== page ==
Care for the needy requires the expenditure of wealth: when all share alike, disbursing their possessions among themselves, they each receive a small portion for their individual needs. Thus, those who love their neighbor as themselves possess nothing more than their neighbor; yet, surely you seem to have great possessions! How else can this be, but that you have preferred your own enjoyment to the consolation of the many? For the more you abound in wealth, the more you lack in love. 

To be sure, Basil guilt-tripped the Christians for behaving so unChristianly. He went on to rebuke them by saying:

But you! You keep everything locked up and securely fastened with gates and bars. You lie awake at night with worry ….  You begrudge your fellow human beings what you yourself enjoy; taking wicked counsel in your soul, you consider not how you might distribute to others according to their needs, but rather how, after having received so many good things, you might rob others of their benefit.

These Christians in the fourth century had been only hearers of the Word and not doers. As time went on, Basil tempered his speech towards them and appealed to their love of God and Christ:

Rather, the reason why our needs are not provided for as usual is plain and obvious: we do not share what we receive with others. We praise beneficence, while we deprive the needy of it ….  Though we have a God who is generous and lacks nothing, we have become grudging and unsociable towards the poor ….  Our storehouses groan with plenty, yet we have no mercy on those who groan with want. For this reason we are threatened with righteous judgment. This is why God does not open his hand: because we have closed up our hearts towards our brothers and sisters. This is why the fields are arid: because love has dried up.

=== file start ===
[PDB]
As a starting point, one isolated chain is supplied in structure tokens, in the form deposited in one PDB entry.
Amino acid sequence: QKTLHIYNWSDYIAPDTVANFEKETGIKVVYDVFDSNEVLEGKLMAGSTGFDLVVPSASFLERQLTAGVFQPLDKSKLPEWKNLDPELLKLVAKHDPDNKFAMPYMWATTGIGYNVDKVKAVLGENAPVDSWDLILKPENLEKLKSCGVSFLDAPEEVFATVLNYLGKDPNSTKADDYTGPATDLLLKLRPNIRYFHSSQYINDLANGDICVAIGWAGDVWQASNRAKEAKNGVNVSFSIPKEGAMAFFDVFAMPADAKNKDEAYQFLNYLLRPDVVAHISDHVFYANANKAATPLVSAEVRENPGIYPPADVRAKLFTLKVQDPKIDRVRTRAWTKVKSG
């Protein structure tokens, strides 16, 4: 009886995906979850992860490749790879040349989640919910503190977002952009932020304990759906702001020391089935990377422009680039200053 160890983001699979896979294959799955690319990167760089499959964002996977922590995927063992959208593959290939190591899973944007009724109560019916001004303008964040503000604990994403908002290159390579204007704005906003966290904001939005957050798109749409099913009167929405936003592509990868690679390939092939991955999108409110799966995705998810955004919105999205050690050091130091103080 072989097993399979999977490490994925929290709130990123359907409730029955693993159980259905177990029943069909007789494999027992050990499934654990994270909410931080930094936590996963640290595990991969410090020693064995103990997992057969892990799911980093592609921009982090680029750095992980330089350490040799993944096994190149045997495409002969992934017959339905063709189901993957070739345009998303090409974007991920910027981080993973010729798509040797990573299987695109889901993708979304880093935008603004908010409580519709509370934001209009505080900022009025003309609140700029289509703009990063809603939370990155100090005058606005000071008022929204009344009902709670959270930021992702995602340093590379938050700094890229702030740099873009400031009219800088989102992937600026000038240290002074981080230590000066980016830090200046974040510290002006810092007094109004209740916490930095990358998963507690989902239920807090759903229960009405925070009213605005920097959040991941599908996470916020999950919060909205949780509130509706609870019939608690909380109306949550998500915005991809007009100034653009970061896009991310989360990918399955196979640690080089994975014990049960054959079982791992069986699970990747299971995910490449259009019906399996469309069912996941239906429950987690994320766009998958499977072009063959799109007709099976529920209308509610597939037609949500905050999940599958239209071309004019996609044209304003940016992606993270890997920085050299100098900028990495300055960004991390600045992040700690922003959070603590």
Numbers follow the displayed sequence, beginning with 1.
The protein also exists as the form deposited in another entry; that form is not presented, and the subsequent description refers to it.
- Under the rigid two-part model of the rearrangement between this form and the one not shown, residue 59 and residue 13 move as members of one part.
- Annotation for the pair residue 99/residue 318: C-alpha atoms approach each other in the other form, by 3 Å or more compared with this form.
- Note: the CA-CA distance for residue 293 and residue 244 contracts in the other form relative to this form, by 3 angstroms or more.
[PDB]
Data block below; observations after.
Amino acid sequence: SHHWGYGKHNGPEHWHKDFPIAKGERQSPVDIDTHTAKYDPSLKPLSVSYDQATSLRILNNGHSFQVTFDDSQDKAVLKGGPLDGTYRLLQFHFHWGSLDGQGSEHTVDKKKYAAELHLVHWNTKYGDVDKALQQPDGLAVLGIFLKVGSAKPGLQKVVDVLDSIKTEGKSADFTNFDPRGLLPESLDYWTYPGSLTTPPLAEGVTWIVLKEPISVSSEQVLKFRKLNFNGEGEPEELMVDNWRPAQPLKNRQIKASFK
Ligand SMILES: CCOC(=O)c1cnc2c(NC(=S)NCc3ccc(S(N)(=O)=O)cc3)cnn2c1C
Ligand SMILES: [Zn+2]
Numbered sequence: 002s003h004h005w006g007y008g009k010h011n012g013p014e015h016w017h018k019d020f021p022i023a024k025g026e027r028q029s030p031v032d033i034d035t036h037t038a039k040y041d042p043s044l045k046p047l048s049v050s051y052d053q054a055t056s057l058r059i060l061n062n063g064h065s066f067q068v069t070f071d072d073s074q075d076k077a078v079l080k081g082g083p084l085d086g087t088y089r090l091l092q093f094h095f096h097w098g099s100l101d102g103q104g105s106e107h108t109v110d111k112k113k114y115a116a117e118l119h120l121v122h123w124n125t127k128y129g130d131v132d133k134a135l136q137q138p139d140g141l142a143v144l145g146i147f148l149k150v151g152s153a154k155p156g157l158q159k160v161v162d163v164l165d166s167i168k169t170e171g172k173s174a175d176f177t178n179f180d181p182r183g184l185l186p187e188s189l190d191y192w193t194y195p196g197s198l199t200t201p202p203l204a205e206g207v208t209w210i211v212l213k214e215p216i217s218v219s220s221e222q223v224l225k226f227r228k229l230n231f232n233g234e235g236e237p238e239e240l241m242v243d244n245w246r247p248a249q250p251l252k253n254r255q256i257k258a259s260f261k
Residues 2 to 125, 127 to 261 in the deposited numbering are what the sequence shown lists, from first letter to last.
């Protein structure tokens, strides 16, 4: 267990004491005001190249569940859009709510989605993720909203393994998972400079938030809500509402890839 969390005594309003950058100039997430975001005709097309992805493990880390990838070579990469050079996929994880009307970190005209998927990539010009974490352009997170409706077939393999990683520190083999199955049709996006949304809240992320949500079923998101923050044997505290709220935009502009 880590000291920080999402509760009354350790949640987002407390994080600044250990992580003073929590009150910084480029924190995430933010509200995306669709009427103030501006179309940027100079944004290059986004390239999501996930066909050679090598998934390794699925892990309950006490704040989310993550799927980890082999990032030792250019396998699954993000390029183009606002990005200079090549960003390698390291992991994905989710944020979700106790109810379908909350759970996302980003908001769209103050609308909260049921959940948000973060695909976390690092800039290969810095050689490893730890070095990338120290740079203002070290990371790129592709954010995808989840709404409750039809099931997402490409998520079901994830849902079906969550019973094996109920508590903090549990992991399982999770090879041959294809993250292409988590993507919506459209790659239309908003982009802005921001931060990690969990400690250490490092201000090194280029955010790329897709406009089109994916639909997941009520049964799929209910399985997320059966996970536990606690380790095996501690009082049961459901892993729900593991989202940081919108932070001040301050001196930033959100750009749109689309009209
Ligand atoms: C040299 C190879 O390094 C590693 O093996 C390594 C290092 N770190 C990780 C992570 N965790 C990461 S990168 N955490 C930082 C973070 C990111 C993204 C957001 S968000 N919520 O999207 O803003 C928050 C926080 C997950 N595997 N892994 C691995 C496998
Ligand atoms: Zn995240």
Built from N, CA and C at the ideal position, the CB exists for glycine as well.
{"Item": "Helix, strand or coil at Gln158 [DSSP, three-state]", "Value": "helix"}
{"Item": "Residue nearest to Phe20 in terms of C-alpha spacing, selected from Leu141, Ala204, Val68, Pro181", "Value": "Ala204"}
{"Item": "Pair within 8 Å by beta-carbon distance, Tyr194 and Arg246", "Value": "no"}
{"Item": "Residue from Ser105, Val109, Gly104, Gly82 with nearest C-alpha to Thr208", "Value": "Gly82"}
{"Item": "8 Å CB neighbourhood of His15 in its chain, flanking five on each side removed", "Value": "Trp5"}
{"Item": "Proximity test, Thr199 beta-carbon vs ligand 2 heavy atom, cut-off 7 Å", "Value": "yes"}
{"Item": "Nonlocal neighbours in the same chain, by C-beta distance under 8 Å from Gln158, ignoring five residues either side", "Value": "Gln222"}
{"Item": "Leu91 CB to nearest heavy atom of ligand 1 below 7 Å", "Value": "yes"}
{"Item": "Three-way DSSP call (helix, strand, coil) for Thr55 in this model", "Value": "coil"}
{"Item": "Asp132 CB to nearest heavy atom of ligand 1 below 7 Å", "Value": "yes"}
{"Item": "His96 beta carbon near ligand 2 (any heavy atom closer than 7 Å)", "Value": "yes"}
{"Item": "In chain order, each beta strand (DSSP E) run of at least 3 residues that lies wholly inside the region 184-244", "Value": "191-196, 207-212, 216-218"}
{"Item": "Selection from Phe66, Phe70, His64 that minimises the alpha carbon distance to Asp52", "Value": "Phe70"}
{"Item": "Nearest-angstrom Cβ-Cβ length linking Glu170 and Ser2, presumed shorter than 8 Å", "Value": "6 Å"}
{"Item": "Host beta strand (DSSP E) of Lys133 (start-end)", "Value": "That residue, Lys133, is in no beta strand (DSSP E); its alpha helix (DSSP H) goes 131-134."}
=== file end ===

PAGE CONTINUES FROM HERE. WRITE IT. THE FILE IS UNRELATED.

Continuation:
While I can honestly say that Murray-Calloway County is a generous area in which to live, that wasn’t the case in ancient Cappadocia. Rather, the famine and Basil’s efforts eventually gave birth to the first hospital. Because of Christ, and Basil’s efforts, hospitals, orphanages, soup kitchens, and other organizations were established to meet the needs born by this drought.

What struck me last night was that two benevolent societies, though not necessarily Christian in their mission, were taking the lead on hunger in our community. I want to know, where is the church? After all, it was our Lord who once said, “For I was hungry and you gave Me food … inasmuch as did it to one of the least of these My brethren, you did it to Me” (Matthew 25:35, 40). While many churches in our area do what we can, we also realize that we can’t do it all alone. I was happy to see that someone was taking this initiative despite my ignorance on the issue in our community.

At Glendale Road, we have a caring and sharing facility behind the church building. Every Monday, from 8–10 a.m., people can come by and pick up one pre-made box of non-perishables. All they have to do is show proof of income, Calloway County residency, and a picture identification. They can take one box per month. Sadly, these measures are in place because we’re only equipped to help so many so often and to prevent abuse. Each Tuesday evening, from 5–8 p.m., people can come to that same building and go through the closet and get clothing that has been donated. A meal is also offered at seven p.m. with a Bible study preceding the meal at six p.m. There are usually twenty or so people who attend the Bible study, but anyone can come for the food. This is open to as many times as one would care to come. Also, one of the members at Glendale Road began a ministry called Soup for the Soul where people can get a meal Monday–Friday at supper time each week. While so many measures exist to help those in need, there is still work to be done.